Trump’s Saturday Night Tulsa Rally a Flop?
The rally formally launched Trump’s reelection campaign in Tulsa’s BOK Center, his first public address since early March.
Thousands of empty seats were visible in the 19,000-seat capacity arena, clearly a disappointment to Trump, his campaign team, and staunch supporters.
Noting the overwhelmingly white, far less than full house, a former Obama regime staffer tweeted: “The emperor has no crowd.”
Hostile to Trump media highlighted the lower than anticipated turnout.
The NYT said his rally “fizzle(d).” His “attempt to revive his re-election bid sputtered badly…a small crowd” turning out to hear him.
It was far from small, just thousands less than Trump and his team wanted.
The neocon/CIA-connected Washington Post said his “grievance-filled speech (was delivered to an) unfilled arena.”
Most turning out were unmasked, foolishly and dangerously heightening the risk of spreading COVID-19 infections in a city already experiencing a spike in outbreaks.
Notably his campaign announced that six members of his advance team for the event tested positive for the coronavirus.
The Wall Street Journal reported that his “one-hour and 41-minute speech Saturday night (was delivered) before a smaller-than- expected crowd,” adding:
Outside the arena after his address, police attacked protesters with “some kind of chemical agent…(F)ist fights broke out.”
In response to the Supreme Court’s ruling for dreamers, Trump vowed to end the DACA (Deferred Action for Childhood Arrivals) program.
He called for making US flag burning a federal offense, saying he wants a “very powerful flag-burning statute.”
Under the First Amendment, flag burning, offensive language, and other actions deemed objectionable by some members of society are legal forms of free expression.
No federal, state, or local statute, or presidential order can prohibit these practices without breaching constitutional law.
Thomas Jefferson stressed that free speech and other fundamental rights “cannot be limited without being lost.”
In Palko v. Connecticut (1937), the Supreme Court called “(f)reedom of thought the matrix, the indispensable condition, of nearly every other form of freedom.”
Former Supreme Court Justice Thurgood Marshall stressed “(a)bove all else, the First Amendment means that government has no power to restrict expression (regardless of its) ideas…subject matter (or) content,” adding:
“Our people are guaranteed the right to express any thought, free from government censorship,” along with all other constitutional protections – now fast eroding toward disappearing altogether.
In Texas v. Johnson (1989), Justice William Brennan, writing for the majority, said “if there is a bedrock principle underlying the First Amendment, it is that government may not prohibit the expression of an idea simply because society finds the idea offensive or disagreeable.”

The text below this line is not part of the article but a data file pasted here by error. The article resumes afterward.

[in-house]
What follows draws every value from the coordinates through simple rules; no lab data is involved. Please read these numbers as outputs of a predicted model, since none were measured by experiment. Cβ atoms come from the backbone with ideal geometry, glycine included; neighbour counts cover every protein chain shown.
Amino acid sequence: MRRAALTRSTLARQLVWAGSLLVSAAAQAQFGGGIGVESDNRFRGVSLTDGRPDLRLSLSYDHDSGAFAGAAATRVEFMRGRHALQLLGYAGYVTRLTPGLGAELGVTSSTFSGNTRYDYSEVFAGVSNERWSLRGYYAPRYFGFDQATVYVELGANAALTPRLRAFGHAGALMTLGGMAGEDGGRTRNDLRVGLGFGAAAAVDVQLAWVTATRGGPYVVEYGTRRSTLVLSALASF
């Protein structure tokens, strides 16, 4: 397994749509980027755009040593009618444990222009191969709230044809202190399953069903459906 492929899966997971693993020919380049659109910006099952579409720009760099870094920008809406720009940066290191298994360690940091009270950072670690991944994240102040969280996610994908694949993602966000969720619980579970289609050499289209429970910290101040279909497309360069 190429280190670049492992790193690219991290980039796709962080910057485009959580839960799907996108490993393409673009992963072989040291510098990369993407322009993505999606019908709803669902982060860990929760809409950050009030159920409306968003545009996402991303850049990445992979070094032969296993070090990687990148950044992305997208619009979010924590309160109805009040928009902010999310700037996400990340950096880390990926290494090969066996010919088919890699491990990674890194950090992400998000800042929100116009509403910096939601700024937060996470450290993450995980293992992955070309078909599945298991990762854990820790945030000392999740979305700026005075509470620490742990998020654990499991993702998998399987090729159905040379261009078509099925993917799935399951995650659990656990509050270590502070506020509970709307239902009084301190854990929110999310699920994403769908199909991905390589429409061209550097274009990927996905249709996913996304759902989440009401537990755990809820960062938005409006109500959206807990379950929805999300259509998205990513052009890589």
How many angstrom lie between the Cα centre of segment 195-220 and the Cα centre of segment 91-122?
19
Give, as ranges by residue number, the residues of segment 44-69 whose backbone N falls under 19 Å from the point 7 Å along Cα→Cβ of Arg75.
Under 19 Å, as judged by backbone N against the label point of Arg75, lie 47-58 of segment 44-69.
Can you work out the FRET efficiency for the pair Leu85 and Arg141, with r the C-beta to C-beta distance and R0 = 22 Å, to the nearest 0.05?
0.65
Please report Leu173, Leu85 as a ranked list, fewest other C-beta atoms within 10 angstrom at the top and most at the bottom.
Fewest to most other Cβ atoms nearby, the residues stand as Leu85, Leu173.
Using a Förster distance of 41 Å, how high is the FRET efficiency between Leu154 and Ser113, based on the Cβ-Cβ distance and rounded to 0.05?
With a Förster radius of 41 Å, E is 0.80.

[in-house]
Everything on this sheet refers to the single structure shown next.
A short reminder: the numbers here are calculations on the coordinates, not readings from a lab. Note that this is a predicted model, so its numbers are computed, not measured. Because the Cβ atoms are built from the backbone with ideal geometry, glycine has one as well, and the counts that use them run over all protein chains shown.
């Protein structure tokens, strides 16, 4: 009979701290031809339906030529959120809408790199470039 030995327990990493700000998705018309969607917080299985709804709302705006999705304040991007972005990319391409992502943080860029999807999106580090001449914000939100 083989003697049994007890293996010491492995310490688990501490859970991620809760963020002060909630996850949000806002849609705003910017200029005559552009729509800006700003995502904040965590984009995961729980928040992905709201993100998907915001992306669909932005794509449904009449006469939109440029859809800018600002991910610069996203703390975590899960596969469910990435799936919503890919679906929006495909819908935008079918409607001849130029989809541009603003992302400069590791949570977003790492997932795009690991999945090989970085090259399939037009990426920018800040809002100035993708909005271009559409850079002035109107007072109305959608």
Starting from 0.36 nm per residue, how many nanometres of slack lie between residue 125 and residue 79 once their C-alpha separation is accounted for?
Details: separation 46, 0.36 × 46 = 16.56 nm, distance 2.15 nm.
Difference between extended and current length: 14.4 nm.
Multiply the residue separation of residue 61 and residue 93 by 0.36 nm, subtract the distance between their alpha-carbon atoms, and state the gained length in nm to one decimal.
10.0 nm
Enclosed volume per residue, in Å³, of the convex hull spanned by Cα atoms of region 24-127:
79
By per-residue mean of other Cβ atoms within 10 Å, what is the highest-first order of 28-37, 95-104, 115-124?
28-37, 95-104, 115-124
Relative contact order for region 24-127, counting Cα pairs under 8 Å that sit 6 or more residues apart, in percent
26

In Matal v. Tam, the right-wing Roberts Supreme Court ruled against so-called “hate speech” laws that violate free expression — stressing the importance of “protect(ing) the freedom to express” views even when hateful or otherwise offensive.
Flag burning is a form of free expression, and thus a First Amendment constitutional right neither Trump or any other right-wing US president or Congress can legally change.
Trump’s Tulsa address followed a familiar pattern. Facts never interfere with his avoidance of truth-telling red meat in remarks to supporters.
AP News fact-checking noted numerous false claims in his address, saying:
“Many of (his) statements — on (COVID 19), public unrest over police brutality, his record on veterans and more — were inaccurate,” adding:
He made false remarks about Biden, what’s typical throughout the US political campaigns, Republicans and Dems sharing guilt.
Trump falsely took credit for Obama regime legislation benefitting veterans.
Ignoring his indifference toward public health and welfare, his utter failure in dealing with COVID-19 outbreaks, he falsely claimed that he saved “hundreds of thousands of lives.”
In April, he defied reality, claiming he saved “billions of people (who would have died) had we not done what we did.”
His profound arrogance, ignorance, contempt for ordinary people, law-breaking, and serial lying define the measure of the man — why he’s unfit for any public office, clearly not the highest.
AP News, WaPo, and other major media cited numerous false statements in his Saturday address — typical of all his public remarks.
He called for cutting back on testing, saying it’s “a double-edged sword,” adding:
“When you (test), you’re going to find more people. You’re going to find more cases. So I said to my people, slow the testing down please.”
He considers legitimate critics of his right-wing agenda “leftist radicals,” nonviolent street protesters considered “thugs.”
Throughout his time in office from day one, he one-sidedly supported privileged interests over beneficial social change — including by waging war on humanity at home and abroad.
The problem in America is that both right wings of the one-party state operate the same way.
There’s nary a difference between them on vital issues mattering most.
Independent voices for peace, equity, justice, and adherence to the rule of law are shut out of the US political process — powerless to change things electorally.
It’s why US elections are farcical, voting a waste of time when things always turn out the same way.
Dirty business is usual has been the American way throughout its history, the rarest of rare exceptions proving the rule.
The only solution is popular revolution.
Nothing less can change a hugely corrupted system that’s too debauched to transform any other way.
My two Wall Street books are timely reading:
“How Wall Street Fleeces America: Privatized Banking, Government Collusion, and Class War”
“Banker Occupation: Waging Financial War on Humanity”